Although the British Empire collapsed decades ago, its colonies left an indelible mark on British cuisine. Asian, Middle Eastern, African, and Caribbean foods are as much a part of the British culinary landscape nowadays as shepherd’s pie and trifle.
And we’re not talking about watered-down, Westernised versions, either. These foods are as fiery and flavourful as what you’d expect to find in your home country. Authentic cuisine is easy to find thanks to the large immigrant population. People from all over the world live in Britain, and luckily for us they have brought their traditional foods with them.
Now, this isn’t to say that the British cuisine scene is perfect. It can be nigh impossible to find authentic food from the Americas, even in big cities. Central and South American food is not well-known in the UK so finding Peruvian or Guatemalan cuisine is very difficult. There are some Mexican restaurants, but they are difficult to find and often inauthentic; and while lots of places say they serve “American food,” this usually just means that they serve hamburgers.
Nevertheless, Brits have a huge appetite for foreign foods – especially these ones.
In Britain, curry is king. Every big city in the UK has an entire road dedicated to authentic curries. London has Brick Lane; Manchester has “Curry Road;” Birmingham has “the Balti Triangle.” From Pakistani to Sri Lankan to Thai to Japanese, you can get an authentic curry from every region of Asia. Even if you are not in an Asian restaurant, you will likely see curry on the menu. There is even a National Curry Week in October!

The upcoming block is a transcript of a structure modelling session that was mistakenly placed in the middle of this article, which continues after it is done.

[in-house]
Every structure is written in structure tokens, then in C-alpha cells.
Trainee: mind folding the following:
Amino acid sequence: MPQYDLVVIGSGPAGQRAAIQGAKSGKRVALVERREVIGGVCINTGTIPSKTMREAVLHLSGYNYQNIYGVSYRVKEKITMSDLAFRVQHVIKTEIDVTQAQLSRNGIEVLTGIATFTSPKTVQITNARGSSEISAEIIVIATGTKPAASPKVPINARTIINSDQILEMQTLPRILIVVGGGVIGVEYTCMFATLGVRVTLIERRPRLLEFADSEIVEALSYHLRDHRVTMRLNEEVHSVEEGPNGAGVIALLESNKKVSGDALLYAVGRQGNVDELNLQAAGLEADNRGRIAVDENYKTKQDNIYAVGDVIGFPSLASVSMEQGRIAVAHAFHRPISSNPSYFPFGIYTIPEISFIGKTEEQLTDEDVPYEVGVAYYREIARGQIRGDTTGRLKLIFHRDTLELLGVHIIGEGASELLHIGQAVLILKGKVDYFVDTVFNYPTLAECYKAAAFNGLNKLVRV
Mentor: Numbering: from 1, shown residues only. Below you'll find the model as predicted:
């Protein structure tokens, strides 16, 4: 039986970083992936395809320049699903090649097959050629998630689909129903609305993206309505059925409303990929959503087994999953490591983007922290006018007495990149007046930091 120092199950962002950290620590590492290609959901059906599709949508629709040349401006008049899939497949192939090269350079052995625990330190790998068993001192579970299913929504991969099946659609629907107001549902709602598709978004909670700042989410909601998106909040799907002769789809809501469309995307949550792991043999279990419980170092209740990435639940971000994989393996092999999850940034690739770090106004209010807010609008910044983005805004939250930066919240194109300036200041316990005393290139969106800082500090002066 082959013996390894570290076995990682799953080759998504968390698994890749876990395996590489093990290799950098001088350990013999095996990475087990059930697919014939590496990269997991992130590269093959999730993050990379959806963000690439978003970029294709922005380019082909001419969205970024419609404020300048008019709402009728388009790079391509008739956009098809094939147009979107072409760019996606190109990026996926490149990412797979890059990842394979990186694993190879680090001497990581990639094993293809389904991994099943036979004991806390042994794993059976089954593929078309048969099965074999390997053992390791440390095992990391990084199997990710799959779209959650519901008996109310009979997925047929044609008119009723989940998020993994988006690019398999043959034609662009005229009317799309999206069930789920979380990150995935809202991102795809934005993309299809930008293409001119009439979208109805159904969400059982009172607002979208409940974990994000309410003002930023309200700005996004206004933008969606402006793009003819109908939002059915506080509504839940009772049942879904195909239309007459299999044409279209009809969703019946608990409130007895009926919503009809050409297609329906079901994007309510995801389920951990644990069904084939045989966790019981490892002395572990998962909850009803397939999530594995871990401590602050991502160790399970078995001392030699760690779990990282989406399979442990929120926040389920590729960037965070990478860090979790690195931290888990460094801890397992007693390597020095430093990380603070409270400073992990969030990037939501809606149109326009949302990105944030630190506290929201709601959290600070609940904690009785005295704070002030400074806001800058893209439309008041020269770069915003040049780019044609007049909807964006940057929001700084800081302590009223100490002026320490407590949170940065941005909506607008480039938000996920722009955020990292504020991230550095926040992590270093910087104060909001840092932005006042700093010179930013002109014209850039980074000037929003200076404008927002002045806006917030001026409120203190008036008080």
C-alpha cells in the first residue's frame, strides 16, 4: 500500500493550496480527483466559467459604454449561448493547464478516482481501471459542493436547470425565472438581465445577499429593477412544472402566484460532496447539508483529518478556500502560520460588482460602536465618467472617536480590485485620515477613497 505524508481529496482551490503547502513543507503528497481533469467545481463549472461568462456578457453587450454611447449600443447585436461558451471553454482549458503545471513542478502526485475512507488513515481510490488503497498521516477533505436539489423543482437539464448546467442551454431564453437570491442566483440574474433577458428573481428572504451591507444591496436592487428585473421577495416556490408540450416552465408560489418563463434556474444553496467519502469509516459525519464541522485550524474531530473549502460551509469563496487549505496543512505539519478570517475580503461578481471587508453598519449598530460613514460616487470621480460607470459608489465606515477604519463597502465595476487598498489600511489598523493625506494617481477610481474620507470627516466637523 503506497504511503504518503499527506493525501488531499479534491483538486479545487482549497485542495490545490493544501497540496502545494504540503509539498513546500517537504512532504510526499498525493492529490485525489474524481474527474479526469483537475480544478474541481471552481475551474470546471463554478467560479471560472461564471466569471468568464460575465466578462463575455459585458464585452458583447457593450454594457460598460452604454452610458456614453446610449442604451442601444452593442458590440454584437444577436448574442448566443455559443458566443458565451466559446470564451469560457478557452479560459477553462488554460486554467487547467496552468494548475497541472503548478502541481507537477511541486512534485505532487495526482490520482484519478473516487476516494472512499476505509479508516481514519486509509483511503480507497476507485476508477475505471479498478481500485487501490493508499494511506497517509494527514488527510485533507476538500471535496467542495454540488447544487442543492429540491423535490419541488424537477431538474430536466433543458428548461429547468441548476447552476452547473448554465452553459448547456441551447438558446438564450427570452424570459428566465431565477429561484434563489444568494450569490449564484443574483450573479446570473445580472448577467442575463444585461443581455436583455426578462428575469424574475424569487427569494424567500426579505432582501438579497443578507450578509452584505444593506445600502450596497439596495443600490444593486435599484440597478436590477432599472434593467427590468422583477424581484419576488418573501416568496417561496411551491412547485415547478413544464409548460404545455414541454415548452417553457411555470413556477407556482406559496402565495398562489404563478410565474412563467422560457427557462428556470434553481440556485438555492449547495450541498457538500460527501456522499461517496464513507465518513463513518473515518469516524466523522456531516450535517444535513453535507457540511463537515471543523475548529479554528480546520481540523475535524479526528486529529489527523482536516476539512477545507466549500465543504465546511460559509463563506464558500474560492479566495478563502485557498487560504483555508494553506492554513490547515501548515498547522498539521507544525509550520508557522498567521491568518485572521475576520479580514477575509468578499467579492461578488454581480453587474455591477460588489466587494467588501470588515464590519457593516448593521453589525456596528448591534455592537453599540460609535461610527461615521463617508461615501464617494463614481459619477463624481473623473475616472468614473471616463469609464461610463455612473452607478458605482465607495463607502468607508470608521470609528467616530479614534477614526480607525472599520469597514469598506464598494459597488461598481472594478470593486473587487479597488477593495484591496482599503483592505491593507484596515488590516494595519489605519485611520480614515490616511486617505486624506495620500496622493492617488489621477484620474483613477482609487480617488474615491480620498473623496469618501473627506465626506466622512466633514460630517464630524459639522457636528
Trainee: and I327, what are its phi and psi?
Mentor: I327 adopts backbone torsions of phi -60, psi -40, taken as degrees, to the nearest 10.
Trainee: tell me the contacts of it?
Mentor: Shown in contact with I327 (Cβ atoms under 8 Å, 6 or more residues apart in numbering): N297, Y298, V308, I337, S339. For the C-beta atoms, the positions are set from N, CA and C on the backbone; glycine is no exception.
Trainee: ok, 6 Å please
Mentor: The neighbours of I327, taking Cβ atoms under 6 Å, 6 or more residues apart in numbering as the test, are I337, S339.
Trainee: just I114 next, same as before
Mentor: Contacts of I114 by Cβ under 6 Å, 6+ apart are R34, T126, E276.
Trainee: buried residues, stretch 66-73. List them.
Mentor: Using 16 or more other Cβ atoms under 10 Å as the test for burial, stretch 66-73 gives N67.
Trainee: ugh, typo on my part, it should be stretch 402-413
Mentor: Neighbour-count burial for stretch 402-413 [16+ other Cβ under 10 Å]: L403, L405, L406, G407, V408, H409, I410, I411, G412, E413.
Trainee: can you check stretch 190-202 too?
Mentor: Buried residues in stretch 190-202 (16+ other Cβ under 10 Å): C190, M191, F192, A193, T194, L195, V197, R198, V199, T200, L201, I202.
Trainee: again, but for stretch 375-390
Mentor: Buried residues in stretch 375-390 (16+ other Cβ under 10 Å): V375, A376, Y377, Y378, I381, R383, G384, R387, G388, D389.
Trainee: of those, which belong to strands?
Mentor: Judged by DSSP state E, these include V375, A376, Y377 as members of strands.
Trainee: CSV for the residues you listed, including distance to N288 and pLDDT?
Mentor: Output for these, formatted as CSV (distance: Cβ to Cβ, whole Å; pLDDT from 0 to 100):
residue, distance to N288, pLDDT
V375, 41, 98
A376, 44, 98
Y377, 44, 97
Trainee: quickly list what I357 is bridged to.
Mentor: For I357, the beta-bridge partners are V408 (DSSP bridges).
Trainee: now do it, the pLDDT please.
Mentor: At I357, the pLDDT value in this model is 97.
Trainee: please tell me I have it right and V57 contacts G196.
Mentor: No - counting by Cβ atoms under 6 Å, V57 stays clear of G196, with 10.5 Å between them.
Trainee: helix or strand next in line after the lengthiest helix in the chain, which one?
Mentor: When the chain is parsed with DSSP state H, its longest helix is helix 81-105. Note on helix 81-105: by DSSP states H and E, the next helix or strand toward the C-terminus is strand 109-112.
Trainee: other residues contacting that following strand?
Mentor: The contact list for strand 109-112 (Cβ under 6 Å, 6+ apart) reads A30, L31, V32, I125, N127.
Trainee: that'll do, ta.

The first British cookery book containing an Indian curry recipe was published in 1747. It called for chicken, cream, and only three spices: pepper, turmeric, and ginger. Early British curries tended to be watery and bland by modern standards, but they were nevertheless very popular. Only rich Brits could afford all of the spices that went into a curry, so this beloved dish was a status symbol for a very long time.
Thanks to its large Afro-Caribbean community, the UK has a mouth-watering array of authentic Caribbean restaurants and shops. Jerk chicken is easily the most famous, but foods like goat curry and fried plaintains are also staples in Caribbean restaurants across the country. They tend to be a little more out of the way, so you’ll likely have to go to your local Caribbean neighbourhood to find them – but it’s worth the trip just to taste the authentic family recipes.
Caribbean food was brought to the UK after World War II, when many Caribbean families migrated to the UK for work. For a long time, they struggled to cook authentic food because almost none of the ingredients were available in the UK. Nowadays it is much easier to get critical ingredients such as plantains and Scotch bonnet peppers.
Arriabata? Puttanesca? Carbonara? Bolognese? Okay, that last one isn’t an authentic Italian dish (no, really!), but however it’s prepared, Brits love spaghetti. They love all pasta, in fact, and eat heaps of it. Pay a visit to your local Italian deli to pick up the really fresh stuff or enjoy lunch at one of the hundreds of Italian restaurants scattered across the country. You may have to do a little research to find a truly authentic place but it’s well worth the effort.
Like curry, Italian food was once a status symbol in the UK. In the 1960s and 1970s, rich Brits were able to afford luxurious holidays to Italy. This gave Italian cuisine an air of exclusivity and spaghetti was often served at dinner parties as a way to impress the guests! At the same time, many Italians were immigrating to the UK. They brought their traditional recipes with them and many set up restaurants which are still open.